Susan Gelfand’s New York Times crossword — pannonica’s write-up
Very taut theme, and a pleasingly rapid, ultra-easy Monday solve.
- 37aR [Performances by two singers … like 21- and 49-Across and 3- and 29-Down?] DUETS.
- 21a. [Singers Johnny and Fiona?] ROTTEN APPLE. Johnny Rotten (Sex Pistols, Public Image Limited & Fiona Apple.
- 49a. [Singers Keith and John?] URBAN LEGEND. Keith Urban, John Legend.
- 3d. [Singers Patti and Tina?] PAGE TURNER.
- 49. [Singers Tori and Al?] KELLY GREEN. (Have not heard of Tori Kelly.)
Of course there may be many other such fortuitous pairings, but these are a good selection.
Toughest for a Monday entries—but with unchallenging crossings: 33d [Heroine of Jean Auel’s “The Clan of the Cave Bear”] AYLA; 49d [Colored part of an eye] UVEA.
Nothing else has leapt out at me as being particularly interesting, egregious, or otherwise notable, and since this write-up is already several hours late (unexpected nap™) … thus endeth.
Queena Mewers & Alex Eaton-Salners’s Wall Street Journal crossword, “Bargain Jargon” — Jim’s review
These two have teamed up before in these pages. This time they bring us a rhyming theme where the first word is also a synonym for “bargain.”
- 16a [Bargain at the butcher?] STEAL ON VEAL
- 24a [Bargain at the tavern?] SALE ON ALE
- 29a [Bargain at the teahouse?] BUY ON CHAI
- 44a [Bargain at the fish market?] DEAL ON EEL
- 49a [Bargain at the soda fountain?] DROP ON POP
- 63a [Bargain at the patisserie?] BREAK ON CAKE
I can’t say the theme does much for me. It feels t0o open-ended and free-wheeling. There are too many possibilities for rhyming here. For example, they could’ve gone with SALE ON KALE or MAIL (as in armor), or a BUY ON PIE, LYE, or RYE.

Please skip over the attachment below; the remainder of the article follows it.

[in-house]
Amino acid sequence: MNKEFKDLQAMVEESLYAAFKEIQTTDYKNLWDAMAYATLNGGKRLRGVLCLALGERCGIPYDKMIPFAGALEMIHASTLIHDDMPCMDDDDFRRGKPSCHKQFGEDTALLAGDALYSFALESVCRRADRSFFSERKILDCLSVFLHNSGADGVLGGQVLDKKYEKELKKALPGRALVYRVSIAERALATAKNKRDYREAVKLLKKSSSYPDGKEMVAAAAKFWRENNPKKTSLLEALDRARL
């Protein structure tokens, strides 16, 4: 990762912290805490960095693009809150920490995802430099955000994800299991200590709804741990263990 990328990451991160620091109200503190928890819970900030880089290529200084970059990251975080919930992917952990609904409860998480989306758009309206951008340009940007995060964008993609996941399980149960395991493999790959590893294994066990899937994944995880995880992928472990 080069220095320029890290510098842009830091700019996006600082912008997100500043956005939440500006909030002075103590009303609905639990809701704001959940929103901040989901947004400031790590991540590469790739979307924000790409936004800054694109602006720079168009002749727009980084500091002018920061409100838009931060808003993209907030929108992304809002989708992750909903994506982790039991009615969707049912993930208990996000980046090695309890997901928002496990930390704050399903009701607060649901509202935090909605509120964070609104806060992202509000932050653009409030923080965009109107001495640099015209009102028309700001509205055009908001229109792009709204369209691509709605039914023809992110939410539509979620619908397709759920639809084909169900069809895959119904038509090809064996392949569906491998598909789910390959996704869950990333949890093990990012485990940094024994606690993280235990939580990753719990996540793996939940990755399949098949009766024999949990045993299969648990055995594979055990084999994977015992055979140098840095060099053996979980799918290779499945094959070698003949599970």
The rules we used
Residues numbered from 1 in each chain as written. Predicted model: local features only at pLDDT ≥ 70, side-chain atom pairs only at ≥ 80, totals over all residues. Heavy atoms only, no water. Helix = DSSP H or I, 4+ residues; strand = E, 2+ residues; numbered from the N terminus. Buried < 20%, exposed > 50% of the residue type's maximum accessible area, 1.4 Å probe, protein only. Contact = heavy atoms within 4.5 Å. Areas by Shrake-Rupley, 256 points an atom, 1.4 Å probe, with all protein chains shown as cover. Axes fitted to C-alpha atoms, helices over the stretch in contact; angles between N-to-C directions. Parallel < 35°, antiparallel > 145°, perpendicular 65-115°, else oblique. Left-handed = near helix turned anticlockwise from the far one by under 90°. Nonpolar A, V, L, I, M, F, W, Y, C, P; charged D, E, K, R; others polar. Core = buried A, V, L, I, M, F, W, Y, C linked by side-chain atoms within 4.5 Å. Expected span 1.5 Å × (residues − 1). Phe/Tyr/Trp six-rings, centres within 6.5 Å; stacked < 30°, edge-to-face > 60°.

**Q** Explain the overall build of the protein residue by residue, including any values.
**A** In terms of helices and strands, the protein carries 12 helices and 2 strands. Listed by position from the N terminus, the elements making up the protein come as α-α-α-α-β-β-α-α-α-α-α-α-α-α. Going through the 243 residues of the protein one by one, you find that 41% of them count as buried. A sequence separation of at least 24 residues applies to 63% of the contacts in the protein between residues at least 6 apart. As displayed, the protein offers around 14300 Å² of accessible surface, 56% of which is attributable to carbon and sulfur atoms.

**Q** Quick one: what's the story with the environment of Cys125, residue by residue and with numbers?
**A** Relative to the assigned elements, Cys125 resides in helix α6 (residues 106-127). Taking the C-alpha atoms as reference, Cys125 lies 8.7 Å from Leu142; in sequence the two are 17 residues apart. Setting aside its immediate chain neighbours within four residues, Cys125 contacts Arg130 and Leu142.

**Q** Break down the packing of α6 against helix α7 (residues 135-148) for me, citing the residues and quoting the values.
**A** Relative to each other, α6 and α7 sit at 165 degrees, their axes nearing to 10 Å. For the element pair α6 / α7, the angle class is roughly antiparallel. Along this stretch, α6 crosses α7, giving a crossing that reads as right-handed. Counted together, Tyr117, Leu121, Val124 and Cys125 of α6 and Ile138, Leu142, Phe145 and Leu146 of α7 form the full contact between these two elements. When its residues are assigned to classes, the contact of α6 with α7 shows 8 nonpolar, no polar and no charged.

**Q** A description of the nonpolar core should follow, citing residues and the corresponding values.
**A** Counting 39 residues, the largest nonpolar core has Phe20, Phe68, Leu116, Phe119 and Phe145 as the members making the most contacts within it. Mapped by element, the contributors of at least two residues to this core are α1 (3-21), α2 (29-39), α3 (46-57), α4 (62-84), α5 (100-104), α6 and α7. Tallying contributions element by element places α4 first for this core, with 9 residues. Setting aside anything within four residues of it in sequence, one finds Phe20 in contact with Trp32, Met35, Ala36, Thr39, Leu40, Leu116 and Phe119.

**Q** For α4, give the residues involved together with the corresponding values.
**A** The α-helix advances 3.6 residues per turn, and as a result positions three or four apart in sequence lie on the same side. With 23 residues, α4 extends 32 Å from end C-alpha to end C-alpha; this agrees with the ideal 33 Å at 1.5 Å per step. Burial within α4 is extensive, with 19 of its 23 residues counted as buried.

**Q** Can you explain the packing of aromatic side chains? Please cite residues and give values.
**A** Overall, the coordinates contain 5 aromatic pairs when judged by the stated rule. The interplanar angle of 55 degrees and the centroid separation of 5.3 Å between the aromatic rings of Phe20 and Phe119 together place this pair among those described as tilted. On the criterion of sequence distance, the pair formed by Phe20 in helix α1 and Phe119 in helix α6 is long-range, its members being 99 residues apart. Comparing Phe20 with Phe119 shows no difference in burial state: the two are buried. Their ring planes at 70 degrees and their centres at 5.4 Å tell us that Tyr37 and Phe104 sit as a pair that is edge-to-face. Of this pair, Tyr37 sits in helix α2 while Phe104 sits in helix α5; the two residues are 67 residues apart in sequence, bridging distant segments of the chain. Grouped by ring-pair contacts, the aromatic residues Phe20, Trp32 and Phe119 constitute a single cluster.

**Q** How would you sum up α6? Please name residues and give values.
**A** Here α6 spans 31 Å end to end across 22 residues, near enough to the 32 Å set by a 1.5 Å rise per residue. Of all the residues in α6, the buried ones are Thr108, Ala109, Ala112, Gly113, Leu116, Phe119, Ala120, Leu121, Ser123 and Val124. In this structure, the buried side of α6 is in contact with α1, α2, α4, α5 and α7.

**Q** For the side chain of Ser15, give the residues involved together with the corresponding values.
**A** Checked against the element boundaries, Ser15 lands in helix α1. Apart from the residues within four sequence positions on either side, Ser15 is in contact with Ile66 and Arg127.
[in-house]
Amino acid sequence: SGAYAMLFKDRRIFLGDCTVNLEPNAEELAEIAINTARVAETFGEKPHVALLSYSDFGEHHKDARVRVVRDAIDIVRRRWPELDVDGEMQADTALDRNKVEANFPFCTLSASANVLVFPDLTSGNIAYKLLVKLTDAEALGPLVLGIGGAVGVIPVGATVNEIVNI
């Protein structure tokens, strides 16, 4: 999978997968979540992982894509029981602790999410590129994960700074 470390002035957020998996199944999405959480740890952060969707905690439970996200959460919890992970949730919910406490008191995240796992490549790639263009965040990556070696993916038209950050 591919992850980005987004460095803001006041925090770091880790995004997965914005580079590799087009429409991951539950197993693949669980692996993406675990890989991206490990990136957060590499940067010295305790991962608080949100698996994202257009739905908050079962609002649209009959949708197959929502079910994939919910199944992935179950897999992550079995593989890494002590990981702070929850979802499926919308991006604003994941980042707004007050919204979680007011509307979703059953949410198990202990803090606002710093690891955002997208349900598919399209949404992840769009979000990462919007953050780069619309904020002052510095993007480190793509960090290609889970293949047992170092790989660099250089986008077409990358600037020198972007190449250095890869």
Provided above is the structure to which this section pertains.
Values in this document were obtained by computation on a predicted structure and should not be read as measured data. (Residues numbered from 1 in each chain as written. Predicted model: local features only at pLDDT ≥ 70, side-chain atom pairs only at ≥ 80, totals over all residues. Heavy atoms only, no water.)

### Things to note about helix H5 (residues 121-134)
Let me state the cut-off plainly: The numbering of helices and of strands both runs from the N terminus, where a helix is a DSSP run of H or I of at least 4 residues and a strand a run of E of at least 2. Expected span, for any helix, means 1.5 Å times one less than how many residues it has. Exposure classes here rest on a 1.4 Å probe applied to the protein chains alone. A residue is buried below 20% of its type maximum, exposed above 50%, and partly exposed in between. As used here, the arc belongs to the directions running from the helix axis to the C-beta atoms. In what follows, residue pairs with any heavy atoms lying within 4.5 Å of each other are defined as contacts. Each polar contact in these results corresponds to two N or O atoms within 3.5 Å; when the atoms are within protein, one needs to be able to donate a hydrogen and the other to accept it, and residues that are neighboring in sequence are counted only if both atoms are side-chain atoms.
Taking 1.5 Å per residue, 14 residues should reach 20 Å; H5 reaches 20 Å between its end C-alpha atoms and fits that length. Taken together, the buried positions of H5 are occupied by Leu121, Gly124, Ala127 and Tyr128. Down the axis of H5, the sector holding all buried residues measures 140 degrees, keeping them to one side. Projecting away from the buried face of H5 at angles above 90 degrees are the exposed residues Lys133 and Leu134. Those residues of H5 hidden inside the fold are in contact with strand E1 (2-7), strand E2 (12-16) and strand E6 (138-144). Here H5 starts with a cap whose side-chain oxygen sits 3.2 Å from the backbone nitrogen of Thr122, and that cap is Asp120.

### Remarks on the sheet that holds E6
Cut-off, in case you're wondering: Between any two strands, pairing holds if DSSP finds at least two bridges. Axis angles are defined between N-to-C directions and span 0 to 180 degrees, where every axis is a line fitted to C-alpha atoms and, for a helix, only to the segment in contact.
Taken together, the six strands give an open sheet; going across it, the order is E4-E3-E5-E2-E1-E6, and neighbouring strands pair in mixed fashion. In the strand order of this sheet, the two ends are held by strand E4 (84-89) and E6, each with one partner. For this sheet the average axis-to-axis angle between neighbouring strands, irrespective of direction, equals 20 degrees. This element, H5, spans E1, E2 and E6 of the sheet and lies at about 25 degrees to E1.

I didn’t notice until now that all the items are foodstuffs, so that’s a nice point of consistency. But I wish this could have been made more clear by the clues—as if all these bargains were being found during one trip to the grocery store: [Bargain at the butcher’s counter?], [Bargain in the beer aisle?], [Bargain on hot drinks?], etc. And with a rhyming theme, having two of the entries rhyme themselves (STEAL and DEAL) feels a bit inelegant.
But the grid is cleanly made with nice entries ICE PALACE, ONE-LINER, and STOPGAPS. The other long Down is ATE AWAY AT which feels like a missed opportunity, but it does cross two themers, so I’m sure the options were limited. On the shorter side, I like GET-GO and DOWSE, mostly because of my good friends, the Dowsing Family (that’s their name; I’m not implying that they make a habit of searching for water with sticks).
There’s very little, if any, unsavory fill, (oh, there’s WEARER) and there’s nothing coming out of left field, which sometimes creeps into Alex’s grids. There are 27 3-letter entries, which is quite high (the target is usually around 20), but frankly, I didn’t even notice since few of them are abbreviations or acronyms.
On the whole, not a thrilling theme, but a solid grid, which is about right for what we see on a Monday.
Mark Feldman’s Los Angeles Times crossword — pannonica’s write-up
Idiomatic epithets for people based on behavior, with a culinary twist, as signified with the repeated qualifier “to a food critic”.
- 17a. [Shrewd person, to a food critic?] SHARP COOKIE.
- 29a. [Important person … ?] BIG CHEESE.
- 47a. [Despicable person …?] ROTTEN EGG.
- 66a. [Lazy person …?] COUCH POTATO.
Another solid theme that’s appropriate for a Monday. No doubt there were plenty of other potential theme answers in the larder, what with languages typically having strong modes for such elemental concepts as people and food, and nexuses thereof. Off the top of my head: bean counter, cool cucumber, top banana, and the ironically too-long-for-the grid tall drink of water.
- Aves! 39a [Avian symbol of pride] PEACOCK, 11d [Member of the crow family] MAGPPIE, 28d [Wise bird] OWL (this probably refers to the snack food brand, and is a masked capital).
- Mammalia! 19a [African antelope] GNU, 21a [Like skunks and zebras] STRIPED, 18d [“Cool” hipster] CAT, 36a [Female neigh sayer] MARE.
- 23a [Hitching post] ALTAR, 56d [Secretly tie the knot] ELOPE.
- 71a [Tetley product] TEA, 10d [Reader of tea leaves] SEER. Oops.
There are also some explicitly cross-referenced clues, but you all know that I like to play this particular game.
Overall the puzzle is quite smooth. Fun early-week crossword.